The newspaper article mentioned in the CPL 330 motion appeared in the New York Daily News a few days after the verdict. It suggested that there was a connection between the shooting of Pinhasov and the later murder of Pinhasov's cousin, Eduard Nektalov, who was, according to the newspaper article, "executed in broad daylight" eight months before defendant's trial. Defendant's appellate brief also relies on another newspaper article, not cited in his CPL 330 motion, that appeared in the New York Times during the trial; that article said the Pinhasov shooting "has links" to the Nektalov murder. The Times article was not mentioned on the record at trial, but the judge may have had some warning of it: on the day before the article appeared, he said to the jurors, "I want to once again emphasize in the strongest possible terms that you are not to read about the case in tomorrow's newspapers." There is no evidence that any juror disobeyed that instruction. Nektalov's name came up only once at the trial, when a police officer testified that Nektalov served as a translator at the officer's interview with Pinhasov.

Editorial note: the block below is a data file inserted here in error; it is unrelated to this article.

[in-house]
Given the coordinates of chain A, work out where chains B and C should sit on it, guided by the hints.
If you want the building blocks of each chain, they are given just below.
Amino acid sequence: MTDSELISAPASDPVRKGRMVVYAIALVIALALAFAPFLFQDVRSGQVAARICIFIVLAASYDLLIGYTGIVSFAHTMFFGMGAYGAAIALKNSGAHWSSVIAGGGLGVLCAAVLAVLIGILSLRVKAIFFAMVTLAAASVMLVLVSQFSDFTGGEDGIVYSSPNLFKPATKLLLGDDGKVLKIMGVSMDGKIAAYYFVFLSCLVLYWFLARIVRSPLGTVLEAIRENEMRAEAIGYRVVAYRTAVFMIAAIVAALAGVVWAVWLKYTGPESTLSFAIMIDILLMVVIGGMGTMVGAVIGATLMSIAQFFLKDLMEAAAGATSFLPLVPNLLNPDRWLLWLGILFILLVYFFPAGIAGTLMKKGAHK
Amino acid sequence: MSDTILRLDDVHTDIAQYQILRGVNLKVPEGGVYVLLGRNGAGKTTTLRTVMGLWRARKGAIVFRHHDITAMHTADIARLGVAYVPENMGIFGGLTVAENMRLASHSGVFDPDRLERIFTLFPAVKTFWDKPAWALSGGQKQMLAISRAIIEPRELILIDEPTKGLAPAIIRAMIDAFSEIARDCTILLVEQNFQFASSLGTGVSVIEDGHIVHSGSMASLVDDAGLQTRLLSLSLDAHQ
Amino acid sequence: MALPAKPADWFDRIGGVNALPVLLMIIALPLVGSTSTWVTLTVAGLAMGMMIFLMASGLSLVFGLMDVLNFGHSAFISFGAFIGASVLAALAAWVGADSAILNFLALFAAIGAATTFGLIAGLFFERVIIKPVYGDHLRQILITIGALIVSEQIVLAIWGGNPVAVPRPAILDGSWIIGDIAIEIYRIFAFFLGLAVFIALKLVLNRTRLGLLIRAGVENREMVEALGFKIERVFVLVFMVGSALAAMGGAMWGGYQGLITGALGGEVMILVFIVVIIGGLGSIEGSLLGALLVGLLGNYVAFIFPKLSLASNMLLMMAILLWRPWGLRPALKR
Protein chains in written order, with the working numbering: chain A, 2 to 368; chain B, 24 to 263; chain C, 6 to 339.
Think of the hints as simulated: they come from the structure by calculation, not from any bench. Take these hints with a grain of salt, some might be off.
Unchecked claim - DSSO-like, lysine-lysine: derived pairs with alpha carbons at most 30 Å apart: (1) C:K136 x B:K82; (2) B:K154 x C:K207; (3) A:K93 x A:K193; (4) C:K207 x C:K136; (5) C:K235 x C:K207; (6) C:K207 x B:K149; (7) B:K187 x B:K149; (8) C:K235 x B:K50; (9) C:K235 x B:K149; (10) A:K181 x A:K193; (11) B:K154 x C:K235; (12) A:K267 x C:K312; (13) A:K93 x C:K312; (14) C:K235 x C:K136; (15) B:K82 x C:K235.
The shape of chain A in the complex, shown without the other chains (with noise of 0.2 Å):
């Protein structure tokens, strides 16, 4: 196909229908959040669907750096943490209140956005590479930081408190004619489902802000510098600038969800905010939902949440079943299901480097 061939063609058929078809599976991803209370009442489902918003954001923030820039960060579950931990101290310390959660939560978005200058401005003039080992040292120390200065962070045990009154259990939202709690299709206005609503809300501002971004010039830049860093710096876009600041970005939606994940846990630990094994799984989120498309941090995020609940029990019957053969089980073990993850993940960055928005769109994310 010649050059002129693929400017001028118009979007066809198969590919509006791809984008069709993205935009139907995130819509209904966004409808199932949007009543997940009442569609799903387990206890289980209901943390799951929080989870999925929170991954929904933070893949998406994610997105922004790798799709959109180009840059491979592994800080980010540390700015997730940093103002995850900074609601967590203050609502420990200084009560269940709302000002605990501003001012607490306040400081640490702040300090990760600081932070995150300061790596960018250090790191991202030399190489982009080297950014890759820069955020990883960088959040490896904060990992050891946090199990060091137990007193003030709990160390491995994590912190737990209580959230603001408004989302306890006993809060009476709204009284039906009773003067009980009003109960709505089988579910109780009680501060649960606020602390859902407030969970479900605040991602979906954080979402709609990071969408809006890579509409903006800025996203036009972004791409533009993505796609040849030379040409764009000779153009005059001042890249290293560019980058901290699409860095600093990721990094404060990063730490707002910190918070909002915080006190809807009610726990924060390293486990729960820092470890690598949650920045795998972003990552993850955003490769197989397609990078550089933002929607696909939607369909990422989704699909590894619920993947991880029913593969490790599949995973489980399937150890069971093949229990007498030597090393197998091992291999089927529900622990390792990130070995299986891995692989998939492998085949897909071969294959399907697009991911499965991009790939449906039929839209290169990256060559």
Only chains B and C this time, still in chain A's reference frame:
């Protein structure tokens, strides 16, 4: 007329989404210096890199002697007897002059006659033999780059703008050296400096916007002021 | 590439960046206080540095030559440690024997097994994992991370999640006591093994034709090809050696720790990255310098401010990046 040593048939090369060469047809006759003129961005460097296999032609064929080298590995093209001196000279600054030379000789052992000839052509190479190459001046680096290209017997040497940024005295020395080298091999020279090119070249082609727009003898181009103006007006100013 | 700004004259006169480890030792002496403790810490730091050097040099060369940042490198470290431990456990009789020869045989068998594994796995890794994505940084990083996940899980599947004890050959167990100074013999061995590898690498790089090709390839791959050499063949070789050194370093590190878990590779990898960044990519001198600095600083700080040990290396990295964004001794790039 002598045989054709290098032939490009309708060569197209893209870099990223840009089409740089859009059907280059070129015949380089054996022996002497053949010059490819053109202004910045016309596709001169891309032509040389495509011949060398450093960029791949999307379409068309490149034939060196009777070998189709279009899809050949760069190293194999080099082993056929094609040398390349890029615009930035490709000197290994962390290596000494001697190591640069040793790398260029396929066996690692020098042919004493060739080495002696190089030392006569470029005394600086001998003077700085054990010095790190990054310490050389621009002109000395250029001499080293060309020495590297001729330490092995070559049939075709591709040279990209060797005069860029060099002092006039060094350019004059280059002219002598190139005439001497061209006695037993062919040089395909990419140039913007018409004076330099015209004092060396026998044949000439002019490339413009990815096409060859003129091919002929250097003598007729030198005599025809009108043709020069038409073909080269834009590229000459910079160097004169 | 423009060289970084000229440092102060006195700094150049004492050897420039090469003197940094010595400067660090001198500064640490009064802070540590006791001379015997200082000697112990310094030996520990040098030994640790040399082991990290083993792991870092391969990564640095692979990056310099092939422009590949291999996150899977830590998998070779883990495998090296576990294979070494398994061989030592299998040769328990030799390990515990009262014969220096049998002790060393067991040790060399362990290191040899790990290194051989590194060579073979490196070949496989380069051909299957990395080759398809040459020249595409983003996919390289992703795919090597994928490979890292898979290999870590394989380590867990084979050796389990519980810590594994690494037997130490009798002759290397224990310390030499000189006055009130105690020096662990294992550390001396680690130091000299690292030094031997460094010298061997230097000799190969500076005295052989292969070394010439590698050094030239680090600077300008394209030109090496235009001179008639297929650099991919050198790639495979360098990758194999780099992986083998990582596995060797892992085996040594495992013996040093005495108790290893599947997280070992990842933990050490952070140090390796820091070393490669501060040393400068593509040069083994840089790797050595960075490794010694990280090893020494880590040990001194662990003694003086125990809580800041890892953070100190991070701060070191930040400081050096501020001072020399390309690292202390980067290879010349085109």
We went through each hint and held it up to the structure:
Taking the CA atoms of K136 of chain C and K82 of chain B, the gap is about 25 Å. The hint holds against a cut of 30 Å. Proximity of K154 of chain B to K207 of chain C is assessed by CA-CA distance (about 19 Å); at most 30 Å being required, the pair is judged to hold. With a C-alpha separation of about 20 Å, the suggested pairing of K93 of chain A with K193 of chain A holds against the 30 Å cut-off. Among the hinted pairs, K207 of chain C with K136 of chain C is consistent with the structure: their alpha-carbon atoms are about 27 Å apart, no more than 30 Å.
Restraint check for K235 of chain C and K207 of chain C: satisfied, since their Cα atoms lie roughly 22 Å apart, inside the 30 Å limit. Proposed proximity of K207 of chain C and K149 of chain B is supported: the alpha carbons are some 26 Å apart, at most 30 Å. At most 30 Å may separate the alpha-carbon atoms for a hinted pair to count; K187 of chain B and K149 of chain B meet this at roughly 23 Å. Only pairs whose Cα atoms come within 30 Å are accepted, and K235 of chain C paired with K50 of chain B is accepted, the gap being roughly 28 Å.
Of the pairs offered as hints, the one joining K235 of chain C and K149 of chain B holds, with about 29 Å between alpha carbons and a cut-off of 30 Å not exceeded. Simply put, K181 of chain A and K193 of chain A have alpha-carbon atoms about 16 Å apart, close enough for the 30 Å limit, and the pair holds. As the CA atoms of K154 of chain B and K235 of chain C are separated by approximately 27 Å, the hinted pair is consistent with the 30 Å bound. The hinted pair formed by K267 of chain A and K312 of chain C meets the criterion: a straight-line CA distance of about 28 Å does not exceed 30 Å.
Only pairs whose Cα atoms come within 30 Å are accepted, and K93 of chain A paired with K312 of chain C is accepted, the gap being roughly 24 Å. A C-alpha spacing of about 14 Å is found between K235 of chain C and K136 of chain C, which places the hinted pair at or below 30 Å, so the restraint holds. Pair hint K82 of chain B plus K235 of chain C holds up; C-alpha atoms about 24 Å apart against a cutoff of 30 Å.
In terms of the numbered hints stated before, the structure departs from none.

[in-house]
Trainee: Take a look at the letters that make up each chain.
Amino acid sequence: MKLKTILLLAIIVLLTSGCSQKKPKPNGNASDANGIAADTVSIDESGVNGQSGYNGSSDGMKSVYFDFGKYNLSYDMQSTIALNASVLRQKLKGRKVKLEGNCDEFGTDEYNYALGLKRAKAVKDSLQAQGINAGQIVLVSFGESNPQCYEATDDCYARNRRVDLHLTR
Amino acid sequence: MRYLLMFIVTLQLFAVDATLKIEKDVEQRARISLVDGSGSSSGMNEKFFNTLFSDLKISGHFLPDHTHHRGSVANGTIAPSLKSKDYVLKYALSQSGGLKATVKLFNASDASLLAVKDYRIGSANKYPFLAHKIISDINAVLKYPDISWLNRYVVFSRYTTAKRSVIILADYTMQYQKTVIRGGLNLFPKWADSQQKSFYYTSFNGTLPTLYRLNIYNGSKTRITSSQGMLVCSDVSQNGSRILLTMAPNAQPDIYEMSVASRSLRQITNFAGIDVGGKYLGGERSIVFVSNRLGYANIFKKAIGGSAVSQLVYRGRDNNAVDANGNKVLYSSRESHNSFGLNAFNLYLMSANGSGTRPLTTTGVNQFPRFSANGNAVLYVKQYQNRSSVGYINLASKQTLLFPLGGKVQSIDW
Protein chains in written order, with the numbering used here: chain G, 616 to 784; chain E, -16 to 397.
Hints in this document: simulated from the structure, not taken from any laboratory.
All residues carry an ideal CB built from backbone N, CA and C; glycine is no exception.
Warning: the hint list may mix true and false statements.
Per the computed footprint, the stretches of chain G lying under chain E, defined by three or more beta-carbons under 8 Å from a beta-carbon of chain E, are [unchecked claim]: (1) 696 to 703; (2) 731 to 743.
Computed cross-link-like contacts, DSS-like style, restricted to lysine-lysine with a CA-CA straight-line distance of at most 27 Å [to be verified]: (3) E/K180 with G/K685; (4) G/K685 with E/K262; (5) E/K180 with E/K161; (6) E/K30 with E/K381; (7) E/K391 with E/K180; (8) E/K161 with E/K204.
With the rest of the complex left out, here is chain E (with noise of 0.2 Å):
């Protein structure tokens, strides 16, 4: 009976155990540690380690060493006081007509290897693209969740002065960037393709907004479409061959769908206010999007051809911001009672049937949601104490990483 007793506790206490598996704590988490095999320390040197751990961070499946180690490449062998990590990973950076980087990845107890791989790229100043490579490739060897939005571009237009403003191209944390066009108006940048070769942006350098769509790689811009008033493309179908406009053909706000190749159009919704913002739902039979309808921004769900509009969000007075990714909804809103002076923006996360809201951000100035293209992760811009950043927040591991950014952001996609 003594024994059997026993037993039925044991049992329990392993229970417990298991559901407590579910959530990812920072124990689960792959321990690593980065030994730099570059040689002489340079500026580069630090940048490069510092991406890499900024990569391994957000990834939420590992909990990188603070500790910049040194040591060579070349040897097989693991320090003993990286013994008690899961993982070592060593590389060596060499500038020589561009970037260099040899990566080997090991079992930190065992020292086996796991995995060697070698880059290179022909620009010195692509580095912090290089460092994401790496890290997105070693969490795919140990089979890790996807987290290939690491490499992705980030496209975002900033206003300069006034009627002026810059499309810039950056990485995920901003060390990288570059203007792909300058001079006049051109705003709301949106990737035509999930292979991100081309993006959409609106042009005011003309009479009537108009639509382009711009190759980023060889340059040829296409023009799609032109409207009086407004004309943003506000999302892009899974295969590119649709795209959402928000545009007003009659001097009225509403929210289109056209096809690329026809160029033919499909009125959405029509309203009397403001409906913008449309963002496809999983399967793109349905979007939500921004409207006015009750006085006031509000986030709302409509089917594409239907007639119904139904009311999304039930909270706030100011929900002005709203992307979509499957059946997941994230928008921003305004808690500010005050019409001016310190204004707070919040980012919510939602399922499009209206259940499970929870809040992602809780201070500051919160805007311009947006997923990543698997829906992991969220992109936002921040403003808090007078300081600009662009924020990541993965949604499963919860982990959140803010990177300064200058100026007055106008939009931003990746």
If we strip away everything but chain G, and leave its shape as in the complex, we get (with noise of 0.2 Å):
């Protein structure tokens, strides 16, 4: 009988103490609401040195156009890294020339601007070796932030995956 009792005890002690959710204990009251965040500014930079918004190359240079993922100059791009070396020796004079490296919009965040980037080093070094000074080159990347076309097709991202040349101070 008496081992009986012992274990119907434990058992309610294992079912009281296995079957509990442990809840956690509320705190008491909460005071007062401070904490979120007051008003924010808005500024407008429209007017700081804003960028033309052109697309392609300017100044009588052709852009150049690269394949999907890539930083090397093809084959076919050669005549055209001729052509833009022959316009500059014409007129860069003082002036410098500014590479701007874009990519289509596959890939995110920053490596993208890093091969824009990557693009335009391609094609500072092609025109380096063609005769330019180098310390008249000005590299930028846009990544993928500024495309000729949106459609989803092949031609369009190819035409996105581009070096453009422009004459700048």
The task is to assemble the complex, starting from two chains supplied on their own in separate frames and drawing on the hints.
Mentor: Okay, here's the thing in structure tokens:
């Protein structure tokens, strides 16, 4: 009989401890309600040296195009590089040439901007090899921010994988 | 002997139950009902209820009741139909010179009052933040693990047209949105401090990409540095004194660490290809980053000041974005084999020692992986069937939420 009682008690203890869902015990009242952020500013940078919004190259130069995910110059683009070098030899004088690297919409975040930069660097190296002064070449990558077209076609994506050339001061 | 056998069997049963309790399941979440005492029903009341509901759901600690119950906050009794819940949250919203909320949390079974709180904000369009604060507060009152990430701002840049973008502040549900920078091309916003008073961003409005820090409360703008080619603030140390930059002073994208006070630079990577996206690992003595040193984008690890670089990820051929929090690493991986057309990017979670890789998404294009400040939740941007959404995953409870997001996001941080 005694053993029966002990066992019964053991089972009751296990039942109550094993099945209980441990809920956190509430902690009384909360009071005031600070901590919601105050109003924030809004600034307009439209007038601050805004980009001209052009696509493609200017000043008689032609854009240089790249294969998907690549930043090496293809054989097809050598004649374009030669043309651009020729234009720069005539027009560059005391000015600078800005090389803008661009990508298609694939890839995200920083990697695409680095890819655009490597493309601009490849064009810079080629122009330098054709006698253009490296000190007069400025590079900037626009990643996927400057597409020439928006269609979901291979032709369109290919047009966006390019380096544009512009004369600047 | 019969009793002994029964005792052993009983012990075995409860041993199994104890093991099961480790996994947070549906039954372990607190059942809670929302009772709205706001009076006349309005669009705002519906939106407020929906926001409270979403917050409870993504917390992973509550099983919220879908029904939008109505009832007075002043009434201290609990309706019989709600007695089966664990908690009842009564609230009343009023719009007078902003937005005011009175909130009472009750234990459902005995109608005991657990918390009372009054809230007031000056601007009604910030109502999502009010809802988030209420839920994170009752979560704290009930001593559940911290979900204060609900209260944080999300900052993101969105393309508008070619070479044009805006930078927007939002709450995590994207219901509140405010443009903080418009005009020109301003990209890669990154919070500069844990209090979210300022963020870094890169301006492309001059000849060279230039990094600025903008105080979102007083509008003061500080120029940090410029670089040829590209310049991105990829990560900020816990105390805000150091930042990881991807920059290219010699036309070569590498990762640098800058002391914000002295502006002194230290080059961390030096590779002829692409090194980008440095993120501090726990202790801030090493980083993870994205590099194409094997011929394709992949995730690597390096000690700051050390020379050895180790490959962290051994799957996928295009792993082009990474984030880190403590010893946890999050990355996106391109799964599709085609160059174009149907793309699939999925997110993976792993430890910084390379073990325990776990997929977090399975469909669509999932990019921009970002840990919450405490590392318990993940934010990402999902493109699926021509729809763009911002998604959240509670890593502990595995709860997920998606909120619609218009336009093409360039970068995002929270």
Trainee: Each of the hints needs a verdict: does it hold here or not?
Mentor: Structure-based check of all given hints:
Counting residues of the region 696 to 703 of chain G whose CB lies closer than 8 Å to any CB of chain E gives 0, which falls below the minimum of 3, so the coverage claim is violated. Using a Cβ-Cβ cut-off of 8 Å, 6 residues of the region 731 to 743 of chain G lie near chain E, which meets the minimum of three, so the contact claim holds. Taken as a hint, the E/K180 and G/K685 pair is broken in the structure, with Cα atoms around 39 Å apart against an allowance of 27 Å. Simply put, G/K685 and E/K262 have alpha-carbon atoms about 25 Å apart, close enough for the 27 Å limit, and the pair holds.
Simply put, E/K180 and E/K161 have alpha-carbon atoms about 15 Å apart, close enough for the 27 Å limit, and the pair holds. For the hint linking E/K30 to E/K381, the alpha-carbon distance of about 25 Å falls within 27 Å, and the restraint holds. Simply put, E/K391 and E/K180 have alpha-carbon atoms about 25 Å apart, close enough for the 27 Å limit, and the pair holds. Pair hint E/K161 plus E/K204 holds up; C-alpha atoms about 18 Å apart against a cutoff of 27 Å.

The Daily News article that appeared after the verdict reported that, though the Nektalov murder had not been mentioned at trial, "jurors said they were aware there may have been a link and that those involved . . . may have ties to mob activities." It quoted a juror as saying "Of course we were aware of it . . . and worried about it . . . . I was looking out [in the audience] thinking 'Gee, they can see all of our faces.'" According to counsel's affidavit in support of the CPL 330 motion, counsel "confirmed" with the Daily News reporter that the article was accurate and that the juror quoted was the foreperson. Counsel also said his neighbor had told him that the jury foreperson "had discussed her jury experience with her fellow employees and again acknowledged that the jury talked about defendant's involvement with the Russian Mob throughout the trial and that the jury was preoccupied with this issue during the course of the trial." No affidavit was submitted from either the neighbor or the jury foreperson.